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term sometimes used to designate the larger species of snakessnake,
common name for an elongated, limbless reptile of the order Squamata, which also includes the xlizards. Most snakes live on the ground, but some are burrowers, arboreal, or aquatic; one group is exclusively marine. In temperate climates they hibernate.
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 in mythology and folklore, a name often applied to any sinuous, crawling creature, chiefly to a snake. No sea serpents have been discovered to substantiate the legends about them, although some accounts, such as stories of the so-called Loch Ness monster in Scotland, have received wide publicity. Large squids, octopuses, whales, dolphins, seals, and other sea animals are sometimes described as sea serpents. In religion and art, the serpent sometimes symbolizes Satan (Rev. 20.2), or the phallus (see phallic worshipphallic worship
, worship of the reproductive powers of nature as symbolized by the male generative organ. Phallic symbols have been found by archaeological expeditions all over the world, and they are usually interpreted as an expression of the human desire for regeneration.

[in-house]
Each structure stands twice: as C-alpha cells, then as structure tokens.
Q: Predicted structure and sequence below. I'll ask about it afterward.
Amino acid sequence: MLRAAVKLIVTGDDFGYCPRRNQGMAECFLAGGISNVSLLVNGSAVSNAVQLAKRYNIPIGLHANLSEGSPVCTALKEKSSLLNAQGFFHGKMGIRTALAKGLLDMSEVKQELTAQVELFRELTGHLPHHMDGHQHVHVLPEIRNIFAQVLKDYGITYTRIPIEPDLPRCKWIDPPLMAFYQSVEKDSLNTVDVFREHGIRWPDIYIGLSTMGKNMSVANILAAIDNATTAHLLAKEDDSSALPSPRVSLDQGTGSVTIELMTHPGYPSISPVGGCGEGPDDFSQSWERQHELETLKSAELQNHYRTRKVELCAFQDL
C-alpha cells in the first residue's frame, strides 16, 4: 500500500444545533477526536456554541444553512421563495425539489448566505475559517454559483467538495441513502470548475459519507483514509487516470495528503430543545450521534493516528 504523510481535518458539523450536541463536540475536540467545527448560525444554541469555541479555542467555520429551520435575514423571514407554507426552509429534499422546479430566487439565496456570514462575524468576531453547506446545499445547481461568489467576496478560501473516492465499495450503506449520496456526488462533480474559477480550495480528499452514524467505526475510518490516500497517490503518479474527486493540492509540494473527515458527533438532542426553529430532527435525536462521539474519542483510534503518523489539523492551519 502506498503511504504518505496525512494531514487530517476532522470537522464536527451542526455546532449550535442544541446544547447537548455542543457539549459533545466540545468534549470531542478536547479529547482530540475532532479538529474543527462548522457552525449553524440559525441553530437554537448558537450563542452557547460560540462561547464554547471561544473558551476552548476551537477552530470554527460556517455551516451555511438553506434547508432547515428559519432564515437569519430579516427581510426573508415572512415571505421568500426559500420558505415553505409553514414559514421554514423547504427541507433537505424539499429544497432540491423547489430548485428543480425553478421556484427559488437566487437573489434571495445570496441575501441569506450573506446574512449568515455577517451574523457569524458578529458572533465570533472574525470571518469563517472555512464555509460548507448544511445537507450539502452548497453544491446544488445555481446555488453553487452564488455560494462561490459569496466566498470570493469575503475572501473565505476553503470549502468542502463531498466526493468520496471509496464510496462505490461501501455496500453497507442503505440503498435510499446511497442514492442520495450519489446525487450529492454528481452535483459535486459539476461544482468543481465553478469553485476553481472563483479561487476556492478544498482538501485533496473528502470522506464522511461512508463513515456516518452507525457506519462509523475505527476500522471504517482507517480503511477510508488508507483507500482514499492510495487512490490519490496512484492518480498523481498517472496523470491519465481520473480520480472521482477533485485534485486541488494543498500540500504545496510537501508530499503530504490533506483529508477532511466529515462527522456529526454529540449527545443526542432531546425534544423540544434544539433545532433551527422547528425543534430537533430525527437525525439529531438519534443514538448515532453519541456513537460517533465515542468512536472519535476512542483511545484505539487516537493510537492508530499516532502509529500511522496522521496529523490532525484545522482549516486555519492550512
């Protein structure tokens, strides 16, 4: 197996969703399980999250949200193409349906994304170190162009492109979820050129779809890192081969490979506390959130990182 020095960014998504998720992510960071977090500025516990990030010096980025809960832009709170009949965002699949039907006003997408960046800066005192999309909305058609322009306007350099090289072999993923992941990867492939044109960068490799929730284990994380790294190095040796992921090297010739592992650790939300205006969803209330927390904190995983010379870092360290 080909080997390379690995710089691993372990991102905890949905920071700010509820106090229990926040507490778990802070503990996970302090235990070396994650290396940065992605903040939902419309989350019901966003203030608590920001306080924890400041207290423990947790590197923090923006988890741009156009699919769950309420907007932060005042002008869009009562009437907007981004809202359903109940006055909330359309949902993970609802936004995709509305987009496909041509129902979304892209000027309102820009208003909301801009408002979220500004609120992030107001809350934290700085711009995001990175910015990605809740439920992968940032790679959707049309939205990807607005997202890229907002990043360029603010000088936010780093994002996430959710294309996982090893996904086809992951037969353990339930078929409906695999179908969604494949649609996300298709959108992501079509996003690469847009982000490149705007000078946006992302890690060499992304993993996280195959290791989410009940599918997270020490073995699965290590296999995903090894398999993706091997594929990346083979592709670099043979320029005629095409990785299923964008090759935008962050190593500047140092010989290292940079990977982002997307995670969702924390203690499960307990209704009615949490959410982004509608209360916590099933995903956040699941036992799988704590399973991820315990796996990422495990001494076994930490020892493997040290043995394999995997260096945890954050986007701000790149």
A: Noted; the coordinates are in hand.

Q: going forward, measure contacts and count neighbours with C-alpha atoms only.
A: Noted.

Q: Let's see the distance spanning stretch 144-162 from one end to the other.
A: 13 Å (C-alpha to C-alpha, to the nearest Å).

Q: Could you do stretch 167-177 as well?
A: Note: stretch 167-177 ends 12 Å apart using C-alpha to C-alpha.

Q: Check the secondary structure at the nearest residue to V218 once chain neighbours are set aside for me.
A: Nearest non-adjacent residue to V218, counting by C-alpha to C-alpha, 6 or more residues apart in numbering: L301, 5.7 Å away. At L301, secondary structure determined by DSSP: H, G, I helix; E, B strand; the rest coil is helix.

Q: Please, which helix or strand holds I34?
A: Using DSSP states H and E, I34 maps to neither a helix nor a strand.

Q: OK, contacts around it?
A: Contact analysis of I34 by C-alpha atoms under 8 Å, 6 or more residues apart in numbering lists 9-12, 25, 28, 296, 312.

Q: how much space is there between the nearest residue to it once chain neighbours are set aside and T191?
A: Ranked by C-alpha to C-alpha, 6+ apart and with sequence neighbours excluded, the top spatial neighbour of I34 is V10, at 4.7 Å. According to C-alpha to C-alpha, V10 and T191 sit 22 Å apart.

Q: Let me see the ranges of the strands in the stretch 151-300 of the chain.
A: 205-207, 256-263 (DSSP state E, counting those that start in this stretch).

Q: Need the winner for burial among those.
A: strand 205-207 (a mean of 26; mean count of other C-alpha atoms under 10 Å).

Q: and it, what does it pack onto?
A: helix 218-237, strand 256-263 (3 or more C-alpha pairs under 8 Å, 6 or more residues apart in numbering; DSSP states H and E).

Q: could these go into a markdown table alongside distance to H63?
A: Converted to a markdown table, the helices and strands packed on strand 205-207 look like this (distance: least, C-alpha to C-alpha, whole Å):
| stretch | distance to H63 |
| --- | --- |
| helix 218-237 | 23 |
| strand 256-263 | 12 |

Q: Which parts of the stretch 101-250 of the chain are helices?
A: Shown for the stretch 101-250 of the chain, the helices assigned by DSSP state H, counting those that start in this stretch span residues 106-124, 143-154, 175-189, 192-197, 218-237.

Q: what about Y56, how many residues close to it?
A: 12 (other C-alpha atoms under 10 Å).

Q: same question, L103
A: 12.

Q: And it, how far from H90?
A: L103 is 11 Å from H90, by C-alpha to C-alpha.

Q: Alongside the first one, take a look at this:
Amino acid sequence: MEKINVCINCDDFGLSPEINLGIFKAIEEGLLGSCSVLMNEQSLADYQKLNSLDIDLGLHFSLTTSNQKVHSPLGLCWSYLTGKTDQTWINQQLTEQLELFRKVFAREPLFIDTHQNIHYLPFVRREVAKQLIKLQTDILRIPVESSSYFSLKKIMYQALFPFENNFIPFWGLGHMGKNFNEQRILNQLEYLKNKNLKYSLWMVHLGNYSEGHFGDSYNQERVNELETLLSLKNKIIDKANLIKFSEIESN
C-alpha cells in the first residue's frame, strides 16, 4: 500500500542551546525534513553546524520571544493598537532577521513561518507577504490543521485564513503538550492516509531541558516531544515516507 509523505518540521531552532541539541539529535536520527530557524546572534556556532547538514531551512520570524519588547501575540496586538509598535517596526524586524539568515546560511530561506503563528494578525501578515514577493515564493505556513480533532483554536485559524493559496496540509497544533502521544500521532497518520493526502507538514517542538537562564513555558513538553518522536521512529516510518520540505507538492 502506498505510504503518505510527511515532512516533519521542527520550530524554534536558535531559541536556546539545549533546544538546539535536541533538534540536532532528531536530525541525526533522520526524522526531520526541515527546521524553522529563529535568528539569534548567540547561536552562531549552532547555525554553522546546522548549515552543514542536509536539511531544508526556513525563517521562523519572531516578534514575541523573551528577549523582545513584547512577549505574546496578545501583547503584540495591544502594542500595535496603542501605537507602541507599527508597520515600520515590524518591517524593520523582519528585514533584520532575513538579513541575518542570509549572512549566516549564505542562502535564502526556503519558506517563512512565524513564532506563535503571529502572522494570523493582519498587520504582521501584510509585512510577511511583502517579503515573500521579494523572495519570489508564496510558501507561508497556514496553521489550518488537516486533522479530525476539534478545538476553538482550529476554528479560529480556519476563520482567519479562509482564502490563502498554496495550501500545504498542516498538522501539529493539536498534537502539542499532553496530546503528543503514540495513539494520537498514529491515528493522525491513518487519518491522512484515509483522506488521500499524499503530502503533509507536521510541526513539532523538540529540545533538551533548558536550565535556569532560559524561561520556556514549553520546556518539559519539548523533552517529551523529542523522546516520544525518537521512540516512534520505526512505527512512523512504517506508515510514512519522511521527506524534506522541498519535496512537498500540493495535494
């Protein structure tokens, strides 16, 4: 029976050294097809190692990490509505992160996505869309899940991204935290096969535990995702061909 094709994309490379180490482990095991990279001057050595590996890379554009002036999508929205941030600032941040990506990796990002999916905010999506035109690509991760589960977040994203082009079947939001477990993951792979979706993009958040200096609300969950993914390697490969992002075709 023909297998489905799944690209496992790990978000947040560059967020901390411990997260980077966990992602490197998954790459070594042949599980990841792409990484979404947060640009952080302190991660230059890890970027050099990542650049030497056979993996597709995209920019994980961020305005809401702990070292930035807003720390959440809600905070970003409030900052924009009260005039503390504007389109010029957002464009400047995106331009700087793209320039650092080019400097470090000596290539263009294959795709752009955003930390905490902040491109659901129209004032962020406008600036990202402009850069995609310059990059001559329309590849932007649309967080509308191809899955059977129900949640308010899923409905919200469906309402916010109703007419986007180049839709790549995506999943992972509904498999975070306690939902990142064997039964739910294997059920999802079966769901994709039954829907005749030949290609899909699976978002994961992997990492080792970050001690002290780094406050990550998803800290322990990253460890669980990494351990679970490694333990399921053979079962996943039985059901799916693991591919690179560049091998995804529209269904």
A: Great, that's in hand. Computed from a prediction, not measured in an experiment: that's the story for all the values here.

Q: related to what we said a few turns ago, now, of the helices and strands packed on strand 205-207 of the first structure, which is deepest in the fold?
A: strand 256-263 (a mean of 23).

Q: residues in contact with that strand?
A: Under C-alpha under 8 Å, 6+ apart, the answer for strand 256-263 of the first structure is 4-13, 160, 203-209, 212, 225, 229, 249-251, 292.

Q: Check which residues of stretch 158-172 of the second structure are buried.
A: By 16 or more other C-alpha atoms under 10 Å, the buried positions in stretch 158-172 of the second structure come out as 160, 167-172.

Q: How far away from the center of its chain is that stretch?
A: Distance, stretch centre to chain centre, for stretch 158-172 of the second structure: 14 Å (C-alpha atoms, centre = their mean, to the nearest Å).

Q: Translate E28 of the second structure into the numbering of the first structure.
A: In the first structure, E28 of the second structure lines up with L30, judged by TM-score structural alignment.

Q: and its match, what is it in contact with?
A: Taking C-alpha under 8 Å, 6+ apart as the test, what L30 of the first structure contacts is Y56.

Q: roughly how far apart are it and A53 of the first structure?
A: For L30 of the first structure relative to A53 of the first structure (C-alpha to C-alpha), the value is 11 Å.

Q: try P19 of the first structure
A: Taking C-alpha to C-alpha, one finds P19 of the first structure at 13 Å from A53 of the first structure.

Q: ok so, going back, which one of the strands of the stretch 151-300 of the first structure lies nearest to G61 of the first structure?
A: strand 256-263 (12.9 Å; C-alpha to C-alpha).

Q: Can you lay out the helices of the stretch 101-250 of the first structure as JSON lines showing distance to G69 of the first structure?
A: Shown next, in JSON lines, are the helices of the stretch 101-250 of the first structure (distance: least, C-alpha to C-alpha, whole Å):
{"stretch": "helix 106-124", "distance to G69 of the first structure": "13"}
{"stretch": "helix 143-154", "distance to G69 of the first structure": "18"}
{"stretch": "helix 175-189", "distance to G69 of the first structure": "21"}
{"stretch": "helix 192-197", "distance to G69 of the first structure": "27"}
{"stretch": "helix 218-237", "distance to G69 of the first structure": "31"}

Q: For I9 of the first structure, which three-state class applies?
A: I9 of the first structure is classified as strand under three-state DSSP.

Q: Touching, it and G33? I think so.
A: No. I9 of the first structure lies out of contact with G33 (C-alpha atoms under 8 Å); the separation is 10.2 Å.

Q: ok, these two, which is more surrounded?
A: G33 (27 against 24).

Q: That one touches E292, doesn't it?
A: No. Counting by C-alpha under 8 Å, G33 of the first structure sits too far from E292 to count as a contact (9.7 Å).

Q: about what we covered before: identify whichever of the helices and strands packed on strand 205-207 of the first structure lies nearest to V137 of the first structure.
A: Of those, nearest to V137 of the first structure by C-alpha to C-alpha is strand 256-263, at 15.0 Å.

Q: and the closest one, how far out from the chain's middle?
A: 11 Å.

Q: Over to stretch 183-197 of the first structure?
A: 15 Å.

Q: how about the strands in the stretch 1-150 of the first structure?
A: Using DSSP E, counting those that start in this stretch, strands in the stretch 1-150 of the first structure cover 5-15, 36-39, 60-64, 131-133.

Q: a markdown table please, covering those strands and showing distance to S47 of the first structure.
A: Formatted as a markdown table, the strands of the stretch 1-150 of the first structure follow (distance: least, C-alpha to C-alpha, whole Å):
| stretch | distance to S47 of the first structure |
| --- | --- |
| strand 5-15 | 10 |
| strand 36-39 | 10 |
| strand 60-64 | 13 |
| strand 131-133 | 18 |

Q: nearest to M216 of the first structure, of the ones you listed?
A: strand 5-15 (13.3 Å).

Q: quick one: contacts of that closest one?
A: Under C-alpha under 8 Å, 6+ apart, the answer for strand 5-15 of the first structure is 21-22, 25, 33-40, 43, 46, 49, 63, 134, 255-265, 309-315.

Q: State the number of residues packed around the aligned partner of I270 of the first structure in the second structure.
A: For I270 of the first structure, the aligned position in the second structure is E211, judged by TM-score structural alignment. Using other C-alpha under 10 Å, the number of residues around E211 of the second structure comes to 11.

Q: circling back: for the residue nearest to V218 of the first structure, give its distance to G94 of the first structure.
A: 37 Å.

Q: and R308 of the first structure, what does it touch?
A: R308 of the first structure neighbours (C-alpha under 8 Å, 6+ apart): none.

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). See also dragondragon,
mythical beast usually represented as a huge, winged, fire-breathing reptile. For centuries the dragon has been prominent in the folklore of many peoples; thus, its physical characteristics vary greatly and include combinations of numerous animals.
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Enlarge picture
Detail of Atalanta Fugiens, by Maier, 1618, showing Venus being strangled by a serpent in the grave. Courtesy Fortean Picture Library.


(religion, spiritualism, and occult)

Snakes were considered immortal by virtue of renewing themselves, apparently indefinitely, through shedding their skin. The serpent is one of the oldest symbols of female power, and it is a lunar symbol. Both serpents and women were considered holy in pre-classic Aegean civilization, since both seem to embody the power of life. In Egypt and India, the first serpent was depicted as a totemic form of the Great Mother herself. In India, the Goddess of the Earth and "Mother of All That Moves" often bore the title Sarparajni, or "Serpent Queen." In ancient Egypt, the serpent-mother Iusaset—or Per-Uatchet, according to the Pyramid Texts—was the Celestial Serpent whose symbol, the uraeus, meant both "serpent" and "goddess." Gaea, or Gaia, the Earth Goddess and mother of all the gods, was originally a serpent, Gaea Pelope, referred to by Hesiod.